Every day we provide you with Six Incredible Things Before Breakfast to nibble away at. Here you can fill your brain with the most intellectually stimulating “amuse bouches” from the past week – a veritable smorgasbord for the cranium. They’re all here for you to load up your plate – this week’s “Morsels for the mind”. Enjoy! If you do nothing else, make sure to check out the “Reads / views / listens of the week”. **** Feather, fur &... Read more

 

Walter Kohn passed away

The Lindau Nobel Laureate Meetings mourn the loss of Walter Kohn, Nobel Laureate in Chemistry.  He passed away at the age of 93 on 19 April. Walter Kohn was awarded the Nobel Prize in Chemistry in 1998 “for his development of the density-functional theory” together with co-recipient John A. Pople. Kohn took part in 9 Lindau Meetings and was particularly beloved because of his affectionate nature and his great enthusiasm to engage with young scientists.   Photo: R. Schultes/Lindau Nobel... Read more

 

The Migraine World Summit: Modelling Neurological Disease

I was asked earlier this year to contribute to a series of video lectures from over 30 world leading migraine experts, doctors and specialists. I happily agreed and here is the result. The video is open access only for a short period, so watch it now. Here is a brief introduction.   He develops computational models of neurological diseases in which massive changes in the energy state of neurons play a major role, e.g., in migraine, stroke, & epilepsy. The... Read more

 

Angus Deaton: Life after Stockholm

This piece first appeared in the quarterly newsletter of the Royal Economic Society. It is part of Angus Deaton’s ongoing ‘Letter from America’ column. In these letters, which now stretch back two decades, I have only occasionally interrupted accounts of serious issues with cameo personal appearances (even though my shape is now remarkably similar to that of the late Alfred Hitchcock). But in the last six months, both Anne and I have been in the news in a rather serious... Read more

 

Why a TV Producer Created a Database for Finding Subject-Matter Experts

Editor’s Note: This is guest post by Stavros Rougas, a co-founder of Expertise Finder and a former producer at the Toronto-based current affairs program The Agenda with Steve Paikin. I recently heard of Expertise Finder and wanted to learn more about it. I figured that the fastest way to learn about it was to get the founder to explain it to me. To be clear, I’m not endorsing Expertise Finder, and have not been compensated in any way for running... Read more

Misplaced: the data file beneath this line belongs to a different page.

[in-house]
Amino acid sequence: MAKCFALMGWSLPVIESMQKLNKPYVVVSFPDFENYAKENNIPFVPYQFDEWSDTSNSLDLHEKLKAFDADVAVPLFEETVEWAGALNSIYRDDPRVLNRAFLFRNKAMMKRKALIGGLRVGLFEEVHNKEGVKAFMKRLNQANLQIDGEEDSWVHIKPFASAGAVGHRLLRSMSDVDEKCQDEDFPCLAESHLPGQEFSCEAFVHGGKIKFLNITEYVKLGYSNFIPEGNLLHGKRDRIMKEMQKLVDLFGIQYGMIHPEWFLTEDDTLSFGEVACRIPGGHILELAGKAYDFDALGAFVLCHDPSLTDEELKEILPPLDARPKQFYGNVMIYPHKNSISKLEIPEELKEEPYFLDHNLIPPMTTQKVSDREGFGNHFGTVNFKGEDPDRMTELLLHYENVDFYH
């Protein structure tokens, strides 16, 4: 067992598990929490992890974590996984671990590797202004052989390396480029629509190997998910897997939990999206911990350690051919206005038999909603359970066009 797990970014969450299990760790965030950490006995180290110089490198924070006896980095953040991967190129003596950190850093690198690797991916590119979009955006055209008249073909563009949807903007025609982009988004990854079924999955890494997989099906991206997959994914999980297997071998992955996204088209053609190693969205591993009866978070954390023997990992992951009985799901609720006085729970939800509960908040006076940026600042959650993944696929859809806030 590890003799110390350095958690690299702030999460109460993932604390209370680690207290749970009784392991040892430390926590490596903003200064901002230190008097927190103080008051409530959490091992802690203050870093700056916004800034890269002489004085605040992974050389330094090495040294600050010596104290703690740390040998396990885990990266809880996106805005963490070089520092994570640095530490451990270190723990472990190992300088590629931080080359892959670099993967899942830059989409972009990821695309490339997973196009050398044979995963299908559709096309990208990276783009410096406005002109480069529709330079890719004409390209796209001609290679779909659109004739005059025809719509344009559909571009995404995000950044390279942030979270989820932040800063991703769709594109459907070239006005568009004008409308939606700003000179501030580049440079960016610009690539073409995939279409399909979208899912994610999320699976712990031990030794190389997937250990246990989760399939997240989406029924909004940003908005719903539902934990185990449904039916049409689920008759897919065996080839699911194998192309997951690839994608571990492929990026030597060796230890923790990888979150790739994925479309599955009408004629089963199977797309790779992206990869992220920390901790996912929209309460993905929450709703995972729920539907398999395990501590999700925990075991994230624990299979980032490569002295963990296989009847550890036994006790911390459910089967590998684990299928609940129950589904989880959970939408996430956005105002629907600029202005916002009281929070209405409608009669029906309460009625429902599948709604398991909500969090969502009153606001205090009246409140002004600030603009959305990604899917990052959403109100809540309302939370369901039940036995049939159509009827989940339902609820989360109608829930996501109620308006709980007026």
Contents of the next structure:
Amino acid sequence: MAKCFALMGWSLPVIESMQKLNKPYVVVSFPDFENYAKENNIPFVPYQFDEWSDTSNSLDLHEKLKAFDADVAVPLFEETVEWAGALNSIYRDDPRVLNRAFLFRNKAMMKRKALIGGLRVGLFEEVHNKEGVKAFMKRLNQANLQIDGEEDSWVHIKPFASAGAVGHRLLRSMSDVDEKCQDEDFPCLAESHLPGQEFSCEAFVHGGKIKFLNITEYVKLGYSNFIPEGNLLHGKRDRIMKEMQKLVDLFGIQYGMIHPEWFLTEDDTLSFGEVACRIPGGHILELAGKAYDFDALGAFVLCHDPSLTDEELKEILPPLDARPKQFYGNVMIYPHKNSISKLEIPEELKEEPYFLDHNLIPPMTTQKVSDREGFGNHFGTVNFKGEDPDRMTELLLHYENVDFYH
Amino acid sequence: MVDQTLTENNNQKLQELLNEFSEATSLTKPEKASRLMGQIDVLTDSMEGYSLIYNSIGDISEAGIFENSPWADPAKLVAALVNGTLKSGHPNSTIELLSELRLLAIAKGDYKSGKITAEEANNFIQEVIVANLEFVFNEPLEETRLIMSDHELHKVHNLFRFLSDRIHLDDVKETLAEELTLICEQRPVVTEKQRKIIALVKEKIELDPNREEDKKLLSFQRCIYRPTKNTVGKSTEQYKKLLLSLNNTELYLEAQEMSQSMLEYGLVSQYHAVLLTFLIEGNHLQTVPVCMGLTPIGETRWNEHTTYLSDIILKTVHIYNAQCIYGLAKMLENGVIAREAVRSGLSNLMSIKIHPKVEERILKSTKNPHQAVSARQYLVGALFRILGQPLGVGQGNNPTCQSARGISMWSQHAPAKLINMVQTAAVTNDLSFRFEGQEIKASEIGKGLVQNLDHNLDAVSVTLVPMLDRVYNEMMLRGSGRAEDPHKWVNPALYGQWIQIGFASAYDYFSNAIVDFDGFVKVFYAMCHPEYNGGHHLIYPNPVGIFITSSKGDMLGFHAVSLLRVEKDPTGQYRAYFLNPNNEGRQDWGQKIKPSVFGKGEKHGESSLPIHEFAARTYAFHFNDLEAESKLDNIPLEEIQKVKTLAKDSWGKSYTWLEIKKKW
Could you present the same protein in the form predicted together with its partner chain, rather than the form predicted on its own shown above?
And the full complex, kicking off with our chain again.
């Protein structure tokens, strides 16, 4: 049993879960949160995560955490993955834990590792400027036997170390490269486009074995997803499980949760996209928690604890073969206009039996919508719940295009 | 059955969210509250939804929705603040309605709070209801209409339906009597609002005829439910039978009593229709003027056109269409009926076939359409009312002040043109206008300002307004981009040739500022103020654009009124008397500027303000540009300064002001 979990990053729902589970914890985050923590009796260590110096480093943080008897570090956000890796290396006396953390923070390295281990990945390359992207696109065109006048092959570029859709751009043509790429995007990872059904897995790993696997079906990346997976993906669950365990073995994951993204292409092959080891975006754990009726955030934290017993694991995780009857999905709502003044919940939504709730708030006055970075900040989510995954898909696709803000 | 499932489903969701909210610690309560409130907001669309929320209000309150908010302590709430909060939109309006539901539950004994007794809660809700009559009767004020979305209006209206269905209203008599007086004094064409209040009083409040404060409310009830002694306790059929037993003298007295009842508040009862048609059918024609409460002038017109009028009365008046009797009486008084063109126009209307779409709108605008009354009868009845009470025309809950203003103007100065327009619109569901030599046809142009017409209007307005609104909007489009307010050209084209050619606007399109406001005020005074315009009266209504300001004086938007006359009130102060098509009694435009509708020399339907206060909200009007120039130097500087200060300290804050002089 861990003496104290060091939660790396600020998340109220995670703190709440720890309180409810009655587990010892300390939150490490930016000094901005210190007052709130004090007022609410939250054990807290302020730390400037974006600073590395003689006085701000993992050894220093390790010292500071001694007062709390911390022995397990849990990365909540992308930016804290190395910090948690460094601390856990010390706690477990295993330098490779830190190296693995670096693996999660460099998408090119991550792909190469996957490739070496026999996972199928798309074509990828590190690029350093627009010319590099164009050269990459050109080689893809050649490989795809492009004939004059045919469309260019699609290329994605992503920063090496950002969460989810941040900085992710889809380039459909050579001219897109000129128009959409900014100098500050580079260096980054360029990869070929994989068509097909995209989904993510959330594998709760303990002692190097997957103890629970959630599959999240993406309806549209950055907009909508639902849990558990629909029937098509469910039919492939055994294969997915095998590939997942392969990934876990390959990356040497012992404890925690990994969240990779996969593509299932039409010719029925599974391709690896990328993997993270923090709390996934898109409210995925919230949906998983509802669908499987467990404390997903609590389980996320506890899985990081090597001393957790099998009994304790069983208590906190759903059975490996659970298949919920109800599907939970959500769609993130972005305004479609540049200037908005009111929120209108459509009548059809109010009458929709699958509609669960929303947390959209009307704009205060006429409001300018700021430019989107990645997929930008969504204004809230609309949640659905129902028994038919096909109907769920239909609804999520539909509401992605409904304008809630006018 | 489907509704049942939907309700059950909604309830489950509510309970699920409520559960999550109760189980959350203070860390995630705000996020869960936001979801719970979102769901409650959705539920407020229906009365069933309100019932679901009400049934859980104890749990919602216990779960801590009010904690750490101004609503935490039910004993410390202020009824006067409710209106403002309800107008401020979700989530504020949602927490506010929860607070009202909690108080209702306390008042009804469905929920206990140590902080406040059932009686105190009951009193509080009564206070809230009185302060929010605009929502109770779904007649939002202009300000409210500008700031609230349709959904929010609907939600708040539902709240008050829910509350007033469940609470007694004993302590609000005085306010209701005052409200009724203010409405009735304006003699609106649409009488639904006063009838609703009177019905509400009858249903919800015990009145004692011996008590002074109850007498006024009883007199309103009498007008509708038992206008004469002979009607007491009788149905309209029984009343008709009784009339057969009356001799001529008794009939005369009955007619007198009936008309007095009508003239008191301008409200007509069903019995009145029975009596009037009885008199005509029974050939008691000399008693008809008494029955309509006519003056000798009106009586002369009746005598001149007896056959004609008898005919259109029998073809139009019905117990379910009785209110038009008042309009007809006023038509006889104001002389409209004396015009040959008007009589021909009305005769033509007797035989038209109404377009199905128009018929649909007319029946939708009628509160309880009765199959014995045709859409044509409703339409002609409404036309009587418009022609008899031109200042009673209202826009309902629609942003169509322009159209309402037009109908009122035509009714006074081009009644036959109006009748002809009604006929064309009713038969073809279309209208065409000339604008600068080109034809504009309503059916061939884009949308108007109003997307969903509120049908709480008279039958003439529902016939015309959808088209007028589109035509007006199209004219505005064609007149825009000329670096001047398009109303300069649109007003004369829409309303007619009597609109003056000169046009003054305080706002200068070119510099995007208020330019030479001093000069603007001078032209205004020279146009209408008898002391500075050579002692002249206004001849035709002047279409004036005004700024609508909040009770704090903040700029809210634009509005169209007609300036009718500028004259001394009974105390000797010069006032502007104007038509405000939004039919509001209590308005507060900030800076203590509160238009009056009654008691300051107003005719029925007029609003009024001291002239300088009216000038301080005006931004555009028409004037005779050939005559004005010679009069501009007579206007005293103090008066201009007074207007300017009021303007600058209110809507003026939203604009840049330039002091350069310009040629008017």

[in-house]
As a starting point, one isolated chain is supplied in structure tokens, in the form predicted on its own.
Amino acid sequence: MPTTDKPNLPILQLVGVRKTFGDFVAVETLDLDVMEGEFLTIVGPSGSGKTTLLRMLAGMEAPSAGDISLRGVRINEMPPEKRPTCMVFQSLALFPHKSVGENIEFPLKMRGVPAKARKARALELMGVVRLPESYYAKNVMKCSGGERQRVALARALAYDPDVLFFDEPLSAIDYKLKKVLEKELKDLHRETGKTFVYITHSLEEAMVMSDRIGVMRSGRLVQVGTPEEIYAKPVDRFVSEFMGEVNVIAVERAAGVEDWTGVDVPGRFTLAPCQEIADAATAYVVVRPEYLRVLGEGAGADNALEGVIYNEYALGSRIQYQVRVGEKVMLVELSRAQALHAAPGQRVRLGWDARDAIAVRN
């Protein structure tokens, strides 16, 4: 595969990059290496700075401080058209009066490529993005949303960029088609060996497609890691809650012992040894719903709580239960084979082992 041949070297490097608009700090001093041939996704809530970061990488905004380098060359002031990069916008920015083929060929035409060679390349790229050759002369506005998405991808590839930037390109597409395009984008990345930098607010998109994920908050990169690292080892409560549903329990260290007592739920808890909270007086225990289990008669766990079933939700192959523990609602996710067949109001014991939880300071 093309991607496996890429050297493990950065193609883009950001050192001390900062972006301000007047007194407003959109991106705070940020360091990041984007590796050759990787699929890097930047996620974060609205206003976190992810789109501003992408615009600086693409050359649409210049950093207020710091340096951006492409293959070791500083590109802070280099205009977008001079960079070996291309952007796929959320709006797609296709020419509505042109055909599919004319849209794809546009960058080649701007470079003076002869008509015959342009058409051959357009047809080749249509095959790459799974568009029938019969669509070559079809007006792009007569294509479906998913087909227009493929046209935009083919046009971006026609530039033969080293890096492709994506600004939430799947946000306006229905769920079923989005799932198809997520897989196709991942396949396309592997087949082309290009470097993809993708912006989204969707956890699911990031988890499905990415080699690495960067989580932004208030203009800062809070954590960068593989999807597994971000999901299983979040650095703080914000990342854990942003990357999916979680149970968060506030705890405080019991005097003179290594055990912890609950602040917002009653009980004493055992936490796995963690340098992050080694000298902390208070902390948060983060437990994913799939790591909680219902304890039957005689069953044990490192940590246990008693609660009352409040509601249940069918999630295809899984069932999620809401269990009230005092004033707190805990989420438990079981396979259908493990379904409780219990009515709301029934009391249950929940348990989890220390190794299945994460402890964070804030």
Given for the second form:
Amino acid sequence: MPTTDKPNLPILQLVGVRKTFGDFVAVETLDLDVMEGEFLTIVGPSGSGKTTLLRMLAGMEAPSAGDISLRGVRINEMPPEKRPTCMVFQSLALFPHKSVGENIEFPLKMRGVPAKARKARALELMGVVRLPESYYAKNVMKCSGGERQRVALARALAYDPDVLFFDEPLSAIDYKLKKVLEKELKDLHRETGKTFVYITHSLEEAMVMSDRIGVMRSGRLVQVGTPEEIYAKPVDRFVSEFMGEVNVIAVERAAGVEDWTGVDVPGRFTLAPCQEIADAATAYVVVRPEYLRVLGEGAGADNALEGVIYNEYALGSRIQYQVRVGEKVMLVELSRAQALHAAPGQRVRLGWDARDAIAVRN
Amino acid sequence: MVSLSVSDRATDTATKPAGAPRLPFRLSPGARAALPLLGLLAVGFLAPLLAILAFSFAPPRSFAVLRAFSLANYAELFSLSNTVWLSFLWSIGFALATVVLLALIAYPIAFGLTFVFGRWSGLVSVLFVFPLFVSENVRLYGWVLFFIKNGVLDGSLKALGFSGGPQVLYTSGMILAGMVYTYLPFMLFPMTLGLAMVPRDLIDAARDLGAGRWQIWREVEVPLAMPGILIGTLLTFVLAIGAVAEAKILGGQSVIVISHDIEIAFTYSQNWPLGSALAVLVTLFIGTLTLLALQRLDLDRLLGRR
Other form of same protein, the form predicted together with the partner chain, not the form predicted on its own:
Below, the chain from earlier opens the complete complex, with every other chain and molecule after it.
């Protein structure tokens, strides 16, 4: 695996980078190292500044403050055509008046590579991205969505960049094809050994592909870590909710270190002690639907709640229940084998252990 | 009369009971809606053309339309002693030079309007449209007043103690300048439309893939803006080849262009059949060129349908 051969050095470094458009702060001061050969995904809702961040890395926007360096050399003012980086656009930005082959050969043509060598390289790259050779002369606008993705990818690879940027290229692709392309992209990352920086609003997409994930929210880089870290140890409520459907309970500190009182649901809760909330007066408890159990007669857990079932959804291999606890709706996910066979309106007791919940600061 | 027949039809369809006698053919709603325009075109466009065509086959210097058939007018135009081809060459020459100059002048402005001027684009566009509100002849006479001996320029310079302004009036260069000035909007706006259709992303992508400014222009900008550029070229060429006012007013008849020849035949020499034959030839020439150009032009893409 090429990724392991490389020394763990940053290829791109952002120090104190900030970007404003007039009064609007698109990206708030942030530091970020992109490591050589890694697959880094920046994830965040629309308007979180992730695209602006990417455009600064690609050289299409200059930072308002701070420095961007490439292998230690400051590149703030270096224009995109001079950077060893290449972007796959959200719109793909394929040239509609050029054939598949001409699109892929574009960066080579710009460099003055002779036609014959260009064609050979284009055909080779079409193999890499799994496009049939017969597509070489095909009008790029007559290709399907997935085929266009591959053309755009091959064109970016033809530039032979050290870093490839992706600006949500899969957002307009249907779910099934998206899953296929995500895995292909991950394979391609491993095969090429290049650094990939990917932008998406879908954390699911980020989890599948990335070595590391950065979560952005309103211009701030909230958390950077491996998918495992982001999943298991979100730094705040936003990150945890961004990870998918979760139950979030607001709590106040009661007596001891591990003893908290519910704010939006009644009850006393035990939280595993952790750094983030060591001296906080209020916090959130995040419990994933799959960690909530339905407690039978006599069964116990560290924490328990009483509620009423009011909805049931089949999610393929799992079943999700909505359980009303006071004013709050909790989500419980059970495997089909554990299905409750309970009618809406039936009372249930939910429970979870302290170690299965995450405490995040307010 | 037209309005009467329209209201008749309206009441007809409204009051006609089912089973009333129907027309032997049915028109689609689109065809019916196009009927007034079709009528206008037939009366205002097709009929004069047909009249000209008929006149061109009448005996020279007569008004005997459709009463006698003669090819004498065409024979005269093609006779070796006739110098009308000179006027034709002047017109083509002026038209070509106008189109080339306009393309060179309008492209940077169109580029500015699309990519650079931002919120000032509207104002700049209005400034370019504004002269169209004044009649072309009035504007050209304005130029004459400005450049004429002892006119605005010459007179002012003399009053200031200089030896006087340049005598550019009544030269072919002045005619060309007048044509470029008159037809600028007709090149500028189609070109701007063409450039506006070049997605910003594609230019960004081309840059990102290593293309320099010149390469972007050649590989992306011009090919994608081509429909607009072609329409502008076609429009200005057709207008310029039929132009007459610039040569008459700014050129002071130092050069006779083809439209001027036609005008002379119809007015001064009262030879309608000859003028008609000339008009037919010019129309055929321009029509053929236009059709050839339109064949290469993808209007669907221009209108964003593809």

Boreal Forest Growth videos

On FrontierScientists.com, watch new videos featuring Boreal Forest Research in Alaska: 'Why So Small?', 'How Tree Needles Age', and 'What Are Stomata?'. "It isn’t just the climate impacting the vegetation but the vegetation impacting the climate," Bjartmar Sveinbjornsson explained. "As the globe warms up are the forests going to spread and are they going to to amplify the problem or counteract the problem? Are they going to lead to cooling or are they going to lead to warming? We don’t... Read more

 

Morsels For The Mind – 15/04/2016

Every day we provide you with Six Incredible Things Before Breakfast to nibble away at. Here you can fill your brain with the most intellectually stimulating “amuse bouches” from the past week – a veritable smorgasbord for the cranium. They’re all here for you to load up your plate – this week’s “Morsels for the mind”. Enjoy! If you do nothing else, make sure to check out the “Reads / views / listens of the week”. **** Feather, fur &... Read more

 

Of Serious Concern: Drug-resistant Acinetobacter baumannii in Treated Wastewater

Currently one of the most common disease-causing bacterium in the world, Acinetobacter baumannii, for sure, is a nasty bug — an emerging nosocomial (hospital-associated) pathogen, being increasingly observed in serious conditions requiring intensive care (including ventilator-associated pneumonia, sepsis, meningitis, wound infection and urinary tract infection). Unfortunately for patients, particularly immune-suppressed ones, this bug is now known to be extensively drug resistant (XDR; resistant to most antibiotics including carbapenems, with the exception of two drugs of last resort, colistin and tigecycline),... Read more